Conner LantzKeymasterAugust 28, 2023 at 5:21 amPost count: 4836
How does long-term illness and injury leave differ from the current medical leave under Alberta Human Rights Act? My company has long-term disability benefits which an employee may be eligible for after 17 weeks of illness or injury. According to Alberta Employment Standards, employees are protected for a maximum of 16 weeks. What does this mean if an employee is not fit to return to work after the 16 weeks? Could the employer then terminate their position? Prior to Bill 17, I was under the impression that an employer must accommodate the leave of absence until it becomes evident that the employee is not getting better and return to work is not likely. (Approx. 2 years was a benchmark for determining that). I would appreciate clarification as the Alberta government did not exactly provide resources beyond basic information.Conner LantzKeymasterAugust 28, 2023 at 5:21 amPost count: 4836
First and foremost, I can offer you a personal opinion BUT NOT LEGAL COUNSEL. This sounds like the kind of situation that requires talking to a lawyer.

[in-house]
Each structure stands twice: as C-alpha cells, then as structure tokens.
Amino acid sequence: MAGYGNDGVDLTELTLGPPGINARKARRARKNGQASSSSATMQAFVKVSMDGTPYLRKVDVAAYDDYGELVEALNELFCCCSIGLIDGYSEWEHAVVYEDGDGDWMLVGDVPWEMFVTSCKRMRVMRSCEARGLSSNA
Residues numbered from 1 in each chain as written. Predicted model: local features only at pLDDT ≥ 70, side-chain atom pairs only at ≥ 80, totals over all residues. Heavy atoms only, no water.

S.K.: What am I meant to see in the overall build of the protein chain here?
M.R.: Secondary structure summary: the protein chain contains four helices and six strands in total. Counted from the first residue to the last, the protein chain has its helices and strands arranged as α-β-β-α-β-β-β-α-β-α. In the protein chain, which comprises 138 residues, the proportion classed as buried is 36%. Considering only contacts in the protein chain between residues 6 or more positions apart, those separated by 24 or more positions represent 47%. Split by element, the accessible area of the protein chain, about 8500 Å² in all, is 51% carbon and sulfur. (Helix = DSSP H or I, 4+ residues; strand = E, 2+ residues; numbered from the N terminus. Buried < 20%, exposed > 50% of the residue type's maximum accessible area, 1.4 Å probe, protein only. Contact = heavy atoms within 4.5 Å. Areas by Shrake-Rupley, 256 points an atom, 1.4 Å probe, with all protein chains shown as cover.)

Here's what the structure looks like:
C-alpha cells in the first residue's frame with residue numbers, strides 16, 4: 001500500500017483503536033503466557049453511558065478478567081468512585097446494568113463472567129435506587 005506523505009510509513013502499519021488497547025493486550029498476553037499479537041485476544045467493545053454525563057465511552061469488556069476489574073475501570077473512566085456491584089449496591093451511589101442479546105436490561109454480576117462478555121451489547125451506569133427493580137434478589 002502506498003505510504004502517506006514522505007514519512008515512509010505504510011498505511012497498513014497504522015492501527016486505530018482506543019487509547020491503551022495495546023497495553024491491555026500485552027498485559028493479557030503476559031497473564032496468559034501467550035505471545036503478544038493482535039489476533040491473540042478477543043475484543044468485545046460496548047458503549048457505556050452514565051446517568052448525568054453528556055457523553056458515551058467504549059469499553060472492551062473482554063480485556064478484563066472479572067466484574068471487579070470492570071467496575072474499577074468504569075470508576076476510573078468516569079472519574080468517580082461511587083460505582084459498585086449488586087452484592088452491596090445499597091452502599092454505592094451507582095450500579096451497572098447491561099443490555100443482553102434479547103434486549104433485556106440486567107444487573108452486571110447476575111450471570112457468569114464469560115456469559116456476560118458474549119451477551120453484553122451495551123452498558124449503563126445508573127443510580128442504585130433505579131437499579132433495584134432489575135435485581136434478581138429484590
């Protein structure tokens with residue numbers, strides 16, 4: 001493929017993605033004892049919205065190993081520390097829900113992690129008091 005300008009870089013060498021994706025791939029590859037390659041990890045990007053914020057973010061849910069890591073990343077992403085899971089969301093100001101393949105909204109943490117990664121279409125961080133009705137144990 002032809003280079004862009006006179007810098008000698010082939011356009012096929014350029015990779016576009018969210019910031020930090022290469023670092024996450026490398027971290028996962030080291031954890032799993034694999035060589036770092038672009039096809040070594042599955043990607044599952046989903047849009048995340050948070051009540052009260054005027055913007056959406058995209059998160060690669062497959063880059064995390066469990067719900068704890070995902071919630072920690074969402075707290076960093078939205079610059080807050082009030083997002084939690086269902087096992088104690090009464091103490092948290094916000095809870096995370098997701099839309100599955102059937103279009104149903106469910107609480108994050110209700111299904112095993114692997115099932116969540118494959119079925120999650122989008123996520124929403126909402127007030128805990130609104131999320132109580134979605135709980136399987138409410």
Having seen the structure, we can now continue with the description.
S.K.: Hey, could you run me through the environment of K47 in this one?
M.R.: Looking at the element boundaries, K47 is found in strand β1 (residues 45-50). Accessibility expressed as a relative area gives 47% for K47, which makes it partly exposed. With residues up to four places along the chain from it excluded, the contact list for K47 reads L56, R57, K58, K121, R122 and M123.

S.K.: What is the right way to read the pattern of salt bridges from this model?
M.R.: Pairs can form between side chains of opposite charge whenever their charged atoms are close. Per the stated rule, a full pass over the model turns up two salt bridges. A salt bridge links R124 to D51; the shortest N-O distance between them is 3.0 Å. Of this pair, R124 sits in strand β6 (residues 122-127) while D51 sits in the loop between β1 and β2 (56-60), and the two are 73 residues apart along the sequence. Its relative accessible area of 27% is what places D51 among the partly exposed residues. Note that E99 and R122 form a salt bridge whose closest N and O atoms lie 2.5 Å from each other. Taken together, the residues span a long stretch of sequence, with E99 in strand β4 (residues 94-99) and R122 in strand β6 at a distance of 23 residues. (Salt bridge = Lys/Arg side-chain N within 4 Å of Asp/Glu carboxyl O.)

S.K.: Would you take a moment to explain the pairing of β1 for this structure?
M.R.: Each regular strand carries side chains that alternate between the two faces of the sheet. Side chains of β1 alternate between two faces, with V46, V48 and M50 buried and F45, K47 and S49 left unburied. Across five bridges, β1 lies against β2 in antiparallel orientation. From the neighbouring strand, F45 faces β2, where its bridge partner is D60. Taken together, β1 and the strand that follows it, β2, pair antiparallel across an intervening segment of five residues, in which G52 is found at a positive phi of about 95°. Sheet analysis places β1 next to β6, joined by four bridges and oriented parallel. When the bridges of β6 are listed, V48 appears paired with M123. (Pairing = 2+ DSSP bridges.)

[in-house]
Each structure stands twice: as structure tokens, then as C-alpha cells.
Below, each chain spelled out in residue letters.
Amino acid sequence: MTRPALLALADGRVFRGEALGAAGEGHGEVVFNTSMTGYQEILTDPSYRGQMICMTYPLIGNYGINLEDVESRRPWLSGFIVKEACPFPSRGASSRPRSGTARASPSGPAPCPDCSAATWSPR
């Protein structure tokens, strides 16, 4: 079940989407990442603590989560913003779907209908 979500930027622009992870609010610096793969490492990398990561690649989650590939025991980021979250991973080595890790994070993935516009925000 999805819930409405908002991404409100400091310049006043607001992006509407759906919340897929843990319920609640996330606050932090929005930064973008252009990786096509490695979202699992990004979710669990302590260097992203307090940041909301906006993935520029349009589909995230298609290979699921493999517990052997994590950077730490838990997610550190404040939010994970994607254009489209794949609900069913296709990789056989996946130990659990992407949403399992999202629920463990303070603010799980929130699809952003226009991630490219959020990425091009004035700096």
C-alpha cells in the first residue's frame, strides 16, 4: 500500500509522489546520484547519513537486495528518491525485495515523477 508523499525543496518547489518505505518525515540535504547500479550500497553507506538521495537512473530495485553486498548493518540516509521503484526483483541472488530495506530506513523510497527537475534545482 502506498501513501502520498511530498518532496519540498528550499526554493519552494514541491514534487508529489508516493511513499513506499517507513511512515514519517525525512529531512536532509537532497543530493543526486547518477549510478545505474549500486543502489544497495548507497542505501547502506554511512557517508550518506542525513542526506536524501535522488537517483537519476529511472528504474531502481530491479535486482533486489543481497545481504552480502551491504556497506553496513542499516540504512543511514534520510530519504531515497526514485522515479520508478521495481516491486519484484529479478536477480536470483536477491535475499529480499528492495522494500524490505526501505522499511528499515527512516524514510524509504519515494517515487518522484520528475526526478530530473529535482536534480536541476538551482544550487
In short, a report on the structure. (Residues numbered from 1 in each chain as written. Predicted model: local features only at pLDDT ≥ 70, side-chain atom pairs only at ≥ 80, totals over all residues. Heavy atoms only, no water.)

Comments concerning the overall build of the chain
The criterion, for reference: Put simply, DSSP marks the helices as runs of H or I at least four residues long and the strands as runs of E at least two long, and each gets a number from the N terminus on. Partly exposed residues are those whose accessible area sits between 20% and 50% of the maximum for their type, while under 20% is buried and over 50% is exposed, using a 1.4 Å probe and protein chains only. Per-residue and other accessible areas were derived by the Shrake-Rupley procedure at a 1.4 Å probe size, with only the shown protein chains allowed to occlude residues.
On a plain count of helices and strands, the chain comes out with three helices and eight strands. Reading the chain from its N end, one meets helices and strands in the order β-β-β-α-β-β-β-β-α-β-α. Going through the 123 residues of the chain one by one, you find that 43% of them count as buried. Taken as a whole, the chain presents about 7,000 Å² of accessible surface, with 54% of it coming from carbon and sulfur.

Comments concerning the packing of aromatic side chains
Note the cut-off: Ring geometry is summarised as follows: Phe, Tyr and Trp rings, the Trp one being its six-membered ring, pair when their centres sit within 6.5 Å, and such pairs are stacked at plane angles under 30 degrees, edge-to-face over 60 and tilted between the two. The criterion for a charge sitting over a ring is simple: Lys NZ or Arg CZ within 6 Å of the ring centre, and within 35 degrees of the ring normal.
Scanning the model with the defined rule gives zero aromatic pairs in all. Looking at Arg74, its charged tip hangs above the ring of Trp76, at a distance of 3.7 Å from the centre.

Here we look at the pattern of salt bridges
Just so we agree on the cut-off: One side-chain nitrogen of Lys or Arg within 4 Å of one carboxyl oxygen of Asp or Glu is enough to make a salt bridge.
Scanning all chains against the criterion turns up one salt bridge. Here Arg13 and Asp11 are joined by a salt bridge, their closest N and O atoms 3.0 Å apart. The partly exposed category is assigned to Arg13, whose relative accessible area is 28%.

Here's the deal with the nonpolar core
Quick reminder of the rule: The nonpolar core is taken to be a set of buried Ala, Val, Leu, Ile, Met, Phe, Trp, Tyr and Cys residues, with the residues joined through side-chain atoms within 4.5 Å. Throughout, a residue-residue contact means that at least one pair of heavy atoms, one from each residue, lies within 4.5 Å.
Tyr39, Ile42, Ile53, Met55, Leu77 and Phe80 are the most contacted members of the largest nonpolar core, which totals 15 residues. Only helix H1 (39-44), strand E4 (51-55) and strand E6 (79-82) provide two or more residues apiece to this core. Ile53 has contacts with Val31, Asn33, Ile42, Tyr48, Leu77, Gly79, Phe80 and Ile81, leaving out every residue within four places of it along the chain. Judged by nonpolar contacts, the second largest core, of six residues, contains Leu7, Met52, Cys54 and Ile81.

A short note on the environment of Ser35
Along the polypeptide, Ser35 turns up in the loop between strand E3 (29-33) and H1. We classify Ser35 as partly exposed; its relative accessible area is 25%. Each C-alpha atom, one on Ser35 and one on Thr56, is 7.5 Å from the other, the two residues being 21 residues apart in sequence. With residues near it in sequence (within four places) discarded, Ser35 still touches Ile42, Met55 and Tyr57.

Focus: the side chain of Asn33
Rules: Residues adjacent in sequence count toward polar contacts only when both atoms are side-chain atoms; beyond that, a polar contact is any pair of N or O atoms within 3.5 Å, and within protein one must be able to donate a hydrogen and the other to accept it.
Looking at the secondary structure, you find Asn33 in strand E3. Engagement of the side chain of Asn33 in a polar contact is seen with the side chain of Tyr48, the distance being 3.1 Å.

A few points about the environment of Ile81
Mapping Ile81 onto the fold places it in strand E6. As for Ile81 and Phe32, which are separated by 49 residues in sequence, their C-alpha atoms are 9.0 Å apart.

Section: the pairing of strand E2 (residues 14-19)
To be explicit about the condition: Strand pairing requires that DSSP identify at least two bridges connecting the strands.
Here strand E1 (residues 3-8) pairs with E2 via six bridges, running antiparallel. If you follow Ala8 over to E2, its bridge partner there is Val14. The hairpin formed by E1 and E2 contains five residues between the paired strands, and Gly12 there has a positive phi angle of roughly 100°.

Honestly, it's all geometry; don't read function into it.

Having said that, I can suggest that you get a complete medical assessment of the employee’s capabilities and needs. Now that the accommodations process has been engaged, an informal doctor’s note isn’t enough. I’m assuming the employee isn’t in a union; but if that’s wrong, you need to get the union involved in the accommodations process.
Once you assess the employee’s assessments and needs, determine what, if anything, you can offer that’s suitable. Keep in mind that the accommodations process is bilateral. Your responsibility isn’t necessarily to make final decisions but to negotiate with the employee and his representatives. Work together to find a solution.
If the employee refuses to provide the needed medical information or cooperate in the accommodations process, you likely have ground to terminate–at that point, accommodations go from reasonable to undue hardship. But you need to document this very clearly and precisely. Another caveat is that there may be other facts or circumstances affecting the situation that I don’t know about. For all these reasons, TALK TO A LAWYER. Hope that helps and happy holidays. Glenn
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